For dilute gases of monatomic atoms you may perhaps be right, but your claim is ''for virtually any classical many-particle system with generic initial conditions''. Thus it should cover all fluids and all macromolecular materials. Glassy behavior is ample demonstration of non-ergodicity in practice, as is the molecular dynamics of proteins.

Note also that one can discuss molecule formation classically (though comparison with experiment is then poor): Bound states are just periodic solutions. Your argument about breaking a molecule is valid if the molecule is alone in the word, but classical reactions of the form AB+C to A+BC are perfectly allowed at fixed energy. The problem with ergodicity in multiparticle systems is that in many such systems, local changes are (sometimes extremely) slow and the total energy can be distributed quite unevenly.

Thus ergodicity is a poor explanation for thermodynamics. In his famous 1902 book, Gibbs didn't even mention it once!

@ArnoldNeumaier Glassy behaviour is difficult to understand but it does not negate the ergodic hypothesis, it can be hypothesized to be caused by extremely long time-scales over which one has to average to see ergodic behavior in practice. I do agree that there is no guarantee that the convergence of the ergodic limit is fast enough to be of importance in all systems universally. However, as long as there is no satisfactory model explaining this behavior as a result of true mathematical non-ergodicity, this cannot be given as a counter-example to ergodicity in the strict mathematical meaning of the word.

As for the molecules, of course the stability of molecules is guaranteed by the existence of a ground state and will be unstable in the classical world, similarly to the atom (btw quantum bound states do not correspond only to regular/quasi-periodic but also to bound chaotic orbits).  If a molecule has isoenergetic reconfigurations, then these will of course also exist in a gas in thermodynamical equilibrium. I.e. if isoenergetic compounds exist, the molecule is not strictly stable and reaches chemical equilibrium with the rest of its variants (and this is not anything new).

I am sorry, but citing Gibbs on this matter is a bad choice. Statistical stationarity is not a sufficient condition for thermodynamics and the statistical physics built by Gibbs is all built around a conjecture that the correct" stationary equilibrium distribution is $\sim \exp(-\beta E_{tot})$. However, any distribution $\sim f(\exp(-\beta E_{tot}))$ is in statistical equilibrium.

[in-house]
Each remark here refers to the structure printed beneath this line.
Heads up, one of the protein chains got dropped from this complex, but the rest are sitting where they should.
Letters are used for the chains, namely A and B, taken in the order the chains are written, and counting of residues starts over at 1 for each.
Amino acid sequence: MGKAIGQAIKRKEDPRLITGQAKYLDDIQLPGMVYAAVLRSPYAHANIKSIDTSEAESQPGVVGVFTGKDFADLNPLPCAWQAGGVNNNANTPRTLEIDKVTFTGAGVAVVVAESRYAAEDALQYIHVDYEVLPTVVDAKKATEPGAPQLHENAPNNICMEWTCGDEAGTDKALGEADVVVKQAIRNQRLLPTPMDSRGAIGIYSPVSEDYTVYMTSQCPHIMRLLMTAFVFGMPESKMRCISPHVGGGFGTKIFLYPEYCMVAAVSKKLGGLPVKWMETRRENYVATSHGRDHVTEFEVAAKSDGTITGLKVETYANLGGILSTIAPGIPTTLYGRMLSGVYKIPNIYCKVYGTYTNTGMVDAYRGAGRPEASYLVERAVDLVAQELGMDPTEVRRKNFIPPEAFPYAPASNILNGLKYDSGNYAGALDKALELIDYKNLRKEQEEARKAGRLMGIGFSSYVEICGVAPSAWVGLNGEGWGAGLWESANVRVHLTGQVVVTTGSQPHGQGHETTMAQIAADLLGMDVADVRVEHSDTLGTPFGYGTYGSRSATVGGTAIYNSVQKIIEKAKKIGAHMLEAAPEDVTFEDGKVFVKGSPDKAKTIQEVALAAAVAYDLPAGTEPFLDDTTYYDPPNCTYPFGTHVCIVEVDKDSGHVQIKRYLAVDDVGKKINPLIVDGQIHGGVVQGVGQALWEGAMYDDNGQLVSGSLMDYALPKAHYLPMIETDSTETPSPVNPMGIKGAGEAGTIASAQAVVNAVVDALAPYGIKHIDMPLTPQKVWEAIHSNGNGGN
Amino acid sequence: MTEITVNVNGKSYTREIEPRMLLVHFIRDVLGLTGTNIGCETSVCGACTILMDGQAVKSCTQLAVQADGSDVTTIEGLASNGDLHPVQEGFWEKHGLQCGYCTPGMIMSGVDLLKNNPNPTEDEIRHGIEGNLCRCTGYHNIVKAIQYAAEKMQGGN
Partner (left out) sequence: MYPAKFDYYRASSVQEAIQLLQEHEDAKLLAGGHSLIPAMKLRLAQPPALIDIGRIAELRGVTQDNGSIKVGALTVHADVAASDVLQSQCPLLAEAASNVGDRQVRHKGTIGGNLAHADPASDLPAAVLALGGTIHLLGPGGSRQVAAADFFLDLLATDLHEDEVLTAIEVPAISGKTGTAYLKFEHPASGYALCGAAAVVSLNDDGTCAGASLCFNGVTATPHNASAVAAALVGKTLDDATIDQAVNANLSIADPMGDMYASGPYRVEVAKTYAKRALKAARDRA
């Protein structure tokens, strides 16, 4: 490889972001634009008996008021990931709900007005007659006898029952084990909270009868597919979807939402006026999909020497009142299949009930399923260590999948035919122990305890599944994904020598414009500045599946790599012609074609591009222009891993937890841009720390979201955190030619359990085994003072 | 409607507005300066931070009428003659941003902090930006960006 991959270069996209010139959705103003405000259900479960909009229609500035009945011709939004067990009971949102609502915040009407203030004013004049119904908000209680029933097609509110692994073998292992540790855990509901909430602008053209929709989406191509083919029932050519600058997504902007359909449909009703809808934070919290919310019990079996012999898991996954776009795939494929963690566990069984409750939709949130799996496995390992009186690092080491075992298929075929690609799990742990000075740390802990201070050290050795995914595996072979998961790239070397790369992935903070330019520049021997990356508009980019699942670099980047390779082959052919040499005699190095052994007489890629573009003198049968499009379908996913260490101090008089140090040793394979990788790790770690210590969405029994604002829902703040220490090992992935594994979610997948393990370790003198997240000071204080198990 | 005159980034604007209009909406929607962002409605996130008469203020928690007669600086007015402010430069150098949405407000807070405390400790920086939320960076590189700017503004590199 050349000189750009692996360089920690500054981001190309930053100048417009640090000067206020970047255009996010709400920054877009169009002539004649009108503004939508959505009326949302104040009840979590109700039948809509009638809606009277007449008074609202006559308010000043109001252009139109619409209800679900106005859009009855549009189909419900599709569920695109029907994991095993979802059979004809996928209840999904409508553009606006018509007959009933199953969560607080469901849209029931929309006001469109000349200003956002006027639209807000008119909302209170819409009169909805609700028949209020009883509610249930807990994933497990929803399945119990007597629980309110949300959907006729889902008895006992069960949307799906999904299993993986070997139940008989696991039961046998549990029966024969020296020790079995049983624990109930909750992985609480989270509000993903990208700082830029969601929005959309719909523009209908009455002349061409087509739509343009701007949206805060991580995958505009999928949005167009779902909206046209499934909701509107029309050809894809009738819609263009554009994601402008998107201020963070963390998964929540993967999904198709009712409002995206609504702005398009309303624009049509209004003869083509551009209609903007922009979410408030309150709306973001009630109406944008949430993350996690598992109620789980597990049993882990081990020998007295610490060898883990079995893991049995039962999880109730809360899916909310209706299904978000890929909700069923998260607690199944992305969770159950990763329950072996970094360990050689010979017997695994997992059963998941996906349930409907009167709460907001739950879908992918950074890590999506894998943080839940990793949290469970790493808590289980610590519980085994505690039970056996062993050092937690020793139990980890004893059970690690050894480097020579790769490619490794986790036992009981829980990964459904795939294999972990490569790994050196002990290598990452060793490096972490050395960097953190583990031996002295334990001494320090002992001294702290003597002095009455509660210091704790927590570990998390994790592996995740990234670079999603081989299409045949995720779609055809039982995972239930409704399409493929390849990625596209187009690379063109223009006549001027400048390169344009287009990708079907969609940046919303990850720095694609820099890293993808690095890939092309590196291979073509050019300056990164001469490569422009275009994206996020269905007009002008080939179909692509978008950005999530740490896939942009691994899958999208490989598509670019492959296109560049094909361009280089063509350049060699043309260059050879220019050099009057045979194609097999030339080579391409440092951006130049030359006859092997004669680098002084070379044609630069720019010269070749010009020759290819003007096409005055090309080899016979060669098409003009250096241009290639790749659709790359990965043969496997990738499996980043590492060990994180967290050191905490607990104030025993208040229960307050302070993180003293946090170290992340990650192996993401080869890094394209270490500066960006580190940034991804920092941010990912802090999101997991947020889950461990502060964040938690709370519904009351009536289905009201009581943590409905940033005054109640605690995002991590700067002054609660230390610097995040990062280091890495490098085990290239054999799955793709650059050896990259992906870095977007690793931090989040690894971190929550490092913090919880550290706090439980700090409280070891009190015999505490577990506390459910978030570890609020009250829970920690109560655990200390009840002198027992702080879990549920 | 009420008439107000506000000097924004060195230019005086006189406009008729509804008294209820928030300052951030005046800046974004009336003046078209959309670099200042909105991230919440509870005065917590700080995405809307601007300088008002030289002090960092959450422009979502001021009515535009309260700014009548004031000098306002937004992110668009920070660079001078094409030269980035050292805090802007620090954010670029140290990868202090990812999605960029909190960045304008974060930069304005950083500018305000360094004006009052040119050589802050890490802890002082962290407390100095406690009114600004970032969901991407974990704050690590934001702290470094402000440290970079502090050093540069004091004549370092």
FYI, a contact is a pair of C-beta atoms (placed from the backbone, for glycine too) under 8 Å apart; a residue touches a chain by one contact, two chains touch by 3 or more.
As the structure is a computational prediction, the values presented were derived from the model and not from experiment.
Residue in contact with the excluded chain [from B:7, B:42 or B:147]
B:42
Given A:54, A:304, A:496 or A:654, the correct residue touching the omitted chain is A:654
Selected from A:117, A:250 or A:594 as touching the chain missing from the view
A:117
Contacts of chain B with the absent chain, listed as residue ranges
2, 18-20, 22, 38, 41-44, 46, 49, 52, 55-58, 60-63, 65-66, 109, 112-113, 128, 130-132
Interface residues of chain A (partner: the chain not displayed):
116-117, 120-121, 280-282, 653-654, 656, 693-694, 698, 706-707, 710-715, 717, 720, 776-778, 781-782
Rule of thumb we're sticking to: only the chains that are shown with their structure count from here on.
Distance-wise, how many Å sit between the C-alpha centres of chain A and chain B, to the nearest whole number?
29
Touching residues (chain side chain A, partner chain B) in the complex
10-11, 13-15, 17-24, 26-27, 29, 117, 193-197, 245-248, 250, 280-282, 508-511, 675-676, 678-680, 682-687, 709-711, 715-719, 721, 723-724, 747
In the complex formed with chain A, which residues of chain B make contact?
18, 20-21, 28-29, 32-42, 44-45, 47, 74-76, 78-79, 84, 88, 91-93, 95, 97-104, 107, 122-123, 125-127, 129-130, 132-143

Either way, there is little argument as to why should a system come into statistical stationarity. The fact that we assert that it does is a very strong postulate not so different from the ergodic hypothesis. Why should a system based on reversible mechanics not oscillate in its probability distribution and never relax? In fact, we know that an isolated system starting from generic initial conditions does not ever reach statistical stationarity, it may only reach it in a time-averaged sense!

The ergodic hypothesis gives you the possibility to built a robust path to why exactly does a system reach (averaged) statistical stationarity, and why is the effective distribution specifically $\sim \exp(-\beta E)$. In fact, there is no approach known to me which is able to do that without invoking ergodicity at some point. (If you do not agree, please give a to-point concrete reference.)

I voted your answer down - not because you argued that assuming ergodicity, thermal equilibrium can be deduced - but because you argued that ''There is overwhelming anecdotical evidence that virtually any many-particle system with generic initial conditions.'' The latter is simply wrong. Possibly there is no other known argument than assuming ergodicity, but in this case the problem is simply unsolved, and perhaps classically unsolvable if answering the question reoqires quantum arguments.

In the quantum case, there are methods independent of ergodicty (which not even has a well-defined meaning in the quantum case); see, e.g., the book by Calzetta and Hu.